The U.S. communications regulator seems a bit bewildered that people are upset about it giving in into the US telecoms companies and killing off neutrality. Like many in the US government, the FCC tends to believe that everything that US companies is good and wholesome so its decision to allow "fast lanes" for some content on the Internet, seemed perfectly reasonable.
Consumer advocates slammed the proposal from FCC Chairman Tom Wheeler, saying it would let certain content providers pay for access to fast lanes and discourage consumers from going to competitors' sites where videos or other content may load more slowly by comparison. Users effectively have to pay twice for their internet and the bigger content companies who can afford the better service will survive while those who don’t will die off does not seem to have occurred to it. The system also allows the US’s awful telcos to blackmail content providers – so what is there for an outfit which supposed to protect consumers not to love?
Today the FCC said that the agency will monitor and punish broadband providers that treat Web traffic "unreasonably."
"The Federal Communications Commission is weighing rules that would ban Internet providers from blocking access to websites or applications, but would allow content companies to pay for faster Internet speeds delivering their traffic as long as such deals are deemed "commercially reasonable."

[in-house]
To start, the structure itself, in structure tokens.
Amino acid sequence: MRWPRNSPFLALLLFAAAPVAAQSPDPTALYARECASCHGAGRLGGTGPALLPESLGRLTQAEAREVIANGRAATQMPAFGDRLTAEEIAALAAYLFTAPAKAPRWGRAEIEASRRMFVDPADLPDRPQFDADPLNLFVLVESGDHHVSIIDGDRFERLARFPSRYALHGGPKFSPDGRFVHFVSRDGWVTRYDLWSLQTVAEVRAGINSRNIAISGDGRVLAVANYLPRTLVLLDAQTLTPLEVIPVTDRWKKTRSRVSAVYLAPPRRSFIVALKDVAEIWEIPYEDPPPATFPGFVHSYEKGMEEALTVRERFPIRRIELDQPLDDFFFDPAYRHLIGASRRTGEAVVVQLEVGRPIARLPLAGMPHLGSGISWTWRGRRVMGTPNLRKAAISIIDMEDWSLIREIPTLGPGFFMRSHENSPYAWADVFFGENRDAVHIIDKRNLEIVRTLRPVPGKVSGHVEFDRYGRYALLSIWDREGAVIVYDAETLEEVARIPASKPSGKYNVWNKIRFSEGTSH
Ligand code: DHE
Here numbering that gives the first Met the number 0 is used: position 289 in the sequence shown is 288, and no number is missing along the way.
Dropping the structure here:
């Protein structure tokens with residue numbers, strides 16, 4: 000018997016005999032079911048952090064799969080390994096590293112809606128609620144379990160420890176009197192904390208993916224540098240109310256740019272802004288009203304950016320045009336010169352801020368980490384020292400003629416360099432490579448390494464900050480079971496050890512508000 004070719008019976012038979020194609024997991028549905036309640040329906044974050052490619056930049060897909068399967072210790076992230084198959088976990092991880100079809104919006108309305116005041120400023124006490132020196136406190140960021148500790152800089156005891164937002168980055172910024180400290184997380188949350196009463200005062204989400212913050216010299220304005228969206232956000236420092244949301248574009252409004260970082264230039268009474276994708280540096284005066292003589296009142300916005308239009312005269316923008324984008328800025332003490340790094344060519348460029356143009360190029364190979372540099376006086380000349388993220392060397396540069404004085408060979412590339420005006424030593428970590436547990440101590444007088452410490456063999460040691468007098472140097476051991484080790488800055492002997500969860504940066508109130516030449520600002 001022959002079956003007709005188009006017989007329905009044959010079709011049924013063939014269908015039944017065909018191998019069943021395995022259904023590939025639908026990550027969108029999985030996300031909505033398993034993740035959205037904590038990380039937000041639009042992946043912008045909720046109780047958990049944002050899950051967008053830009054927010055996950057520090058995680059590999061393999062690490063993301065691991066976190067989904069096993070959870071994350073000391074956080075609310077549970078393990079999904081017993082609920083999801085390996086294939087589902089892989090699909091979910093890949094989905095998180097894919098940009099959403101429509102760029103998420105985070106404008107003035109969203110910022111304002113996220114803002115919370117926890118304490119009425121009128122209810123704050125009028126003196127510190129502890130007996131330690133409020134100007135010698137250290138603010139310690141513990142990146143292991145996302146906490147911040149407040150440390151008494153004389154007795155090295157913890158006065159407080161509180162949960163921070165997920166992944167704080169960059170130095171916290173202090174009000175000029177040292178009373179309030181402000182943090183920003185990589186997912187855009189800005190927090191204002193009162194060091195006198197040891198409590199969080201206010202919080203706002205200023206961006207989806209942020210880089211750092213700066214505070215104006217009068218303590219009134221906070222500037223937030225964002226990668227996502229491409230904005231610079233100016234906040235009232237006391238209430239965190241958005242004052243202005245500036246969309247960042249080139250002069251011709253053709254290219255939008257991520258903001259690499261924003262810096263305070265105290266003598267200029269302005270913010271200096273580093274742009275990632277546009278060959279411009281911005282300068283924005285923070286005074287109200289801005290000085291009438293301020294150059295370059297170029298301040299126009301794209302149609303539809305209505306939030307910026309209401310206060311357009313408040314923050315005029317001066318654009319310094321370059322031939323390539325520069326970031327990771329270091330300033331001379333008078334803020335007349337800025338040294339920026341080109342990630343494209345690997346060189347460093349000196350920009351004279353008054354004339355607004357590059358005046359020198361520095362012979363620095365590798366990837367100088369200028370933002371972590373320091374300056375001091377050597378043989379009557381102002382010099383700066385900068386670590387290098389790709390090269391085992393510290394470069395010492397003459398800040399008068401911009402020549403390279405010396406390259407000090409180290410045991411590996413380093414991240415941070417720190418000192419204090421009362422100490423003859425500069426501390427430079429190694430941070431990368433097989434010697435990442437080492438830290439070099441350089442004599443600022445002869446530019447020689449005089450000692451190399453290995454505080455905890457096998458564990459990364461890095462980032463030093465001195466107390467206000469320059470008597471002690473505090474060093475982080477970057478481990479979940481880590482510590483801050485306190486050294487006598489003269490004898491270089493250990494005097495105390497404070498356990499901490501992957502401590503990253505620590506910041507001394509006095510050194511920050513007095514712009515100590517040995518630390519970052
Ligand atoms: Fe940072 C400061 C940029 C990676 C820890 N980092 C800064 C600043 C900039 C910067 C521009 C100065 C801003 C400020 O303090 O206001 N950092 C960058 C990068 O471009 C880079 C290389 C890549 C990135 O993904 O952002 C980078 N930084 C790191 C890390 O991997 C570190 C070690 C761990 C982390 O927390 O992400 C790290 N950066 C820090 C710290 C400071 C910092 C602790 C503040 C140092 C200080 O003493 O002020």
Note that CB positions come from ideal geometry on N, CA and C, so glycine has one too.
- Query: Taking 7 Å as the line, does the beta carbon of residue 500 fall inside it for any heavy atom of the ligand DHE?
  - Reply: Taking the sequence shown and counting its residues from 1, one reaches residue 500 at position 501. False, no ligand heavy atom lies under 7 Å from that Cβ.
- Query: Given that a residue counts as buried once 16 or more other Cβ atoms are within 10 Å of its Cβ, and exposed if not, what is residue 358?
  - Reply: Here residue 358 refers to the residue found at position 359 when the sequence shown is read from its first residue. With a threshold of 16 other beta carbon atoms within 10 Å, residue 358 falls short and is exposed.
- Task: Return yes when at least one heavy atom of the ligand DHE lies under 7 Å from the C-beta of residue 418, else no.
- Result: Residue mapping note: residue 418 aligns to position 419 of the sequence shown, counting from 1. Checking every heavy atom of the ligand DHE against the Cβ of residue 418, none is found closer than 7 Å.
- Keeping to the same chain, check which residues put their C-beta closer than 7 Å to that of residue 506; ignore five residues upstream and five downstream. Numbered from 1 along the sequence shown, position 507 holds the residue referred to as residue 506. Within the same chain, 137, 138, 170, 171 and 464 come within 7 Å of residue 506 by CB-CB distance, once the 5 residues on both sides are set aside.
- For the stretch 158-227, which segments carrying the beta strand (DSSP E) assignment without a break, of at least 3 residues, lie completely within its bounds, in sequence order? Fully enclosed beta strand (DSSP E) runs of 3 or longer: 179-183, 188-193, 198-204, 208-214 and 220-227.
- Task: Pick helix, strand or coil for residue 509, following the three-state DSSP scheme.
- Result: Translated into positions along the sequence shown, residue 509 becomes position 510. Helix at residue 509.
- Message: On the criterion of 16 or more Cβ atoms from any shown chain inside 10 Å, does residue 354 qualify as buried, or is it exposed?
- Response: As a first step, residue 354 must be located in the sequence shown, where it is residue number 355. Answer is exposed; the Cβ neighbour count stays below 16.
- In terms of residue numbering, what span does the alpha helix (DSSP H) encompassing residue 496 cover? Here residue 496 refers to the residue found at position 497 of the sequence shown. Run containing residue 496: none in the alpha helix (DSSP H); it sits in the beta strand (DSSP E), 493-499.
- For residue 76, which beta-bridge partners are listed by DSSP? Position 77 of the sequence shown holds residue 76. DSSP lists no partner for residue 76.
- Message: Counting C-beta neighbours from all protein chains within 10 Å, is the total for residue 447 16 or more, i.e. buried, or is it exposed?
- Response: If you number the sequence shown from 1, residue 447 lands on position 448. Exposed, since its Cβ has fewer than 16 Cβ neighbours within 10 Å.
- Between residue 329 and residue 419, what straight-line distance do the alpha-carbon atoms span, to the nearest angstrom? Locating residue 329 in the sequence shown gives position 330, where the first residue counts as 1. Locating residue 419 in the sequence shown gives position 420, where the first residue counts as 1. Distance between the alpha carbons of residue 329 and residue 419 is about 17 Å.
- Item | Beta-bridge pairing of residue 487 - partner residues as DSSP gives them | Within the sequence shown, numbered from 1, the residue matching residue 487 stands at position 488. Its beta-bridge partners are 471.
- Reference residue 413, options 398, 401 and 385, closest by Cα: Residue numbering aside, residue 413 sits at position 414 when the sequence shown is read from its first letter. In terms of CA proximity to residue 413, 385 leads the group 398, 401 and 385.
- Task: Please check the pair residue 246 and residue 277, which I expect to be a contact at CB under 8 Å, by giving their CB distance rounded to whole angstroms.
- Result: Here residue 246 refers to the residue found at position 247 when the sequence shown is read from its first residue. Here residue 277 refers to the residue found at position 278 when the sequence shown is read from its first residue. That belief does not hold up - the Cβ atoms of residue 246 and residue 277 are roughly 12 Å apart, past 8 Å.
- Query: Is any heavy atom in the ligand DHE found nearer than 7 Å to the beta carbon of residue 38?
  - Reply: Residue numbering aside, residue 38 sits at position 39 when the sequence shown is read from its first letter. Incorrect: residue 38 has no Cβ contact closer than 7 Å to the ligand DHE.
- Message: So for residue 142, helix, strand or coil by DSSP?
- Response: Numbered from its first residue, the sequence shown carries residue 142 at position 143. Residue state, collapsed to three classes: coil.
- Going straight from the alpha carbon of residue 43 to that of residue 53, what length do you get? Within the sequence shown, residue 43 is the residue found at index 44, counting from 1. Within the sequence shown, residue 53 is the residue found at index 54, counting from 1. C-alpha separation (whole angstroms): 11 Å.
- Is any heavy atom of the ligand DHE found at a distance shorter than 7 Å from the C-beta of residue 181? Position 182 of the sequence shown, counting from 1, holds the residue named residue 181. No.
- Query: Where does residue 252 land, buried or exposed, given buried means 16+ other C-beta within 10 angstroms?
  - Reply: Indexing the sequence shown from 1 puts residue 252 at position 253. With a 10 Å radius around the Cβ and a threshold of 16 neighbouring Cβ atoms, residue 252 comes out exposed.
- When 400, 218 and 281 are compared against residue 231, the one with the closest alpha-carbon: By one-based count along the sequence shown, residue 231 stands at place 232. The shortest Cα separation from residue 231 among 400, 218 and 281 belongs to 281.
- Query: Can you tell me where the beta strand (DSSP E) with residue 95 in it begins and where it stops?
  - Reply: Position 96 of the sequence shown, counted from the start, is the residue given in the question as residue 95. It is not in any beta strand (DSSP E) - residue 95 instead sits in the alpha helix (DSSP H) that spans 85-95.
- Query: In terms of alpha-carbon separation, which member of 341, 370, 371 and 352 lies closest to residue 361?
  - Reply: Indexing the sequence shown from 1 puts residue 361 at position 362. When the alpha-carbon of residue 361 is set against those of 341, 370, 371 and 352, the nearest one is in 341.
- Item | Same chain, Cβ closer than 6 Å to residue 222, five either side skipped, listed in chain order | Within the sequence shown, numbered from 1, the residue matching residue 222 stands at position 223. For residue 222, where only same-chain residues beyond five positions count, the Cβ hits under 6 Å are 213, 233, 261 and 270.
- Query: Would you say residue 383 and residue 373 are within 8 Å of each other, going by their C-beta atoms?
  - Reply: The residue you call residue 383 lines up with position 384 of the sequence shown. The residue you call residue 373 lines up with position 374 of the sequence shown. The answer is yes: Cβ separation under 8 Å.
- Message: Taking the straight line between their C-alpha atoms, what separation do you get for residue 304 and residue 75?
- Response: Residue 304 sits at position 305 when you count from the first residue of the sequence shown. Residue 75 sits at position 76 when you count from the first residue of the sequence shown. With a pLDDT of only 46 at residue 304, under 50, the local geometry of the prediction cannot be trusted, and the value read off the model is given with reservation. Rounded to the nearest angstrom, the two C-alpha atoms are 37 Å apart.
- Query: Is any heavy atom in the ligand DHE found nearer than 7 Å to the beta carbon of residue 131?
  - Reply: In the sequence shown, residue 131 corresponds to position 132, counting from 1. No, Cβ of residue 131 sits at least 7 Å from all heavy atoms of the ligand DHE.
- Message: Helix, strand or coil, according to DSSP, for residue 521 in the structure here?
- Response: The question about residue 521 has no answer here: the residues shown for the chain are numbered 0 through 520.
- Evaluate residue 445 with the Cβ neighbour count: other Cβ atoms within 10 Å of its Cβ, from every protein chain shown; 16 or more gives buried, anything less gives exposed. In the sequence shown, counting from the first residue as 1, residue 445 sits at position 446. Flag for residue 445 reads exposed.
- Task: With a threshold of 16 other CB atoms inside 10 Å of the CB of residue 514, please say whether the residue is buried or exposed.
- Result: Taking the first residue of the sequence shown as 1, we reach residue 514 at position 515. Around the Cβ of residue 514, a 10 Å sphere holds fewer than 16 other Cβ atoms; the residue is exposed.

The five-member FCC will negotiate the rules before they vote on May 15 to formally propose them and seek public comment. Wheeler said that reports that the FCC is gutting the Open Internet rule are flat-out wrong. In January, U.S. Court of Appeals for the District of Columbia Circuit for the second time struck down the FCC's previous anti-discrimination and anti-blocking rules after a challenge from Verizon Communications Inc. However, the judges did affirm the agency's authority to regulate broadband, giving the FCC new legal opportunity to rewrite the rules.
It was the court's direction that guided Wheeler's proposal to allow commercially reasonable preferential treatment of traffic. The agency will seek public comment before determining how to define "commercially unreasonable" behaviour or a violation of "net neutrality," but it will focus on whether broadband companies' treatment of traffic hurts competitors or consumers, hurts free speech or is done in good faith.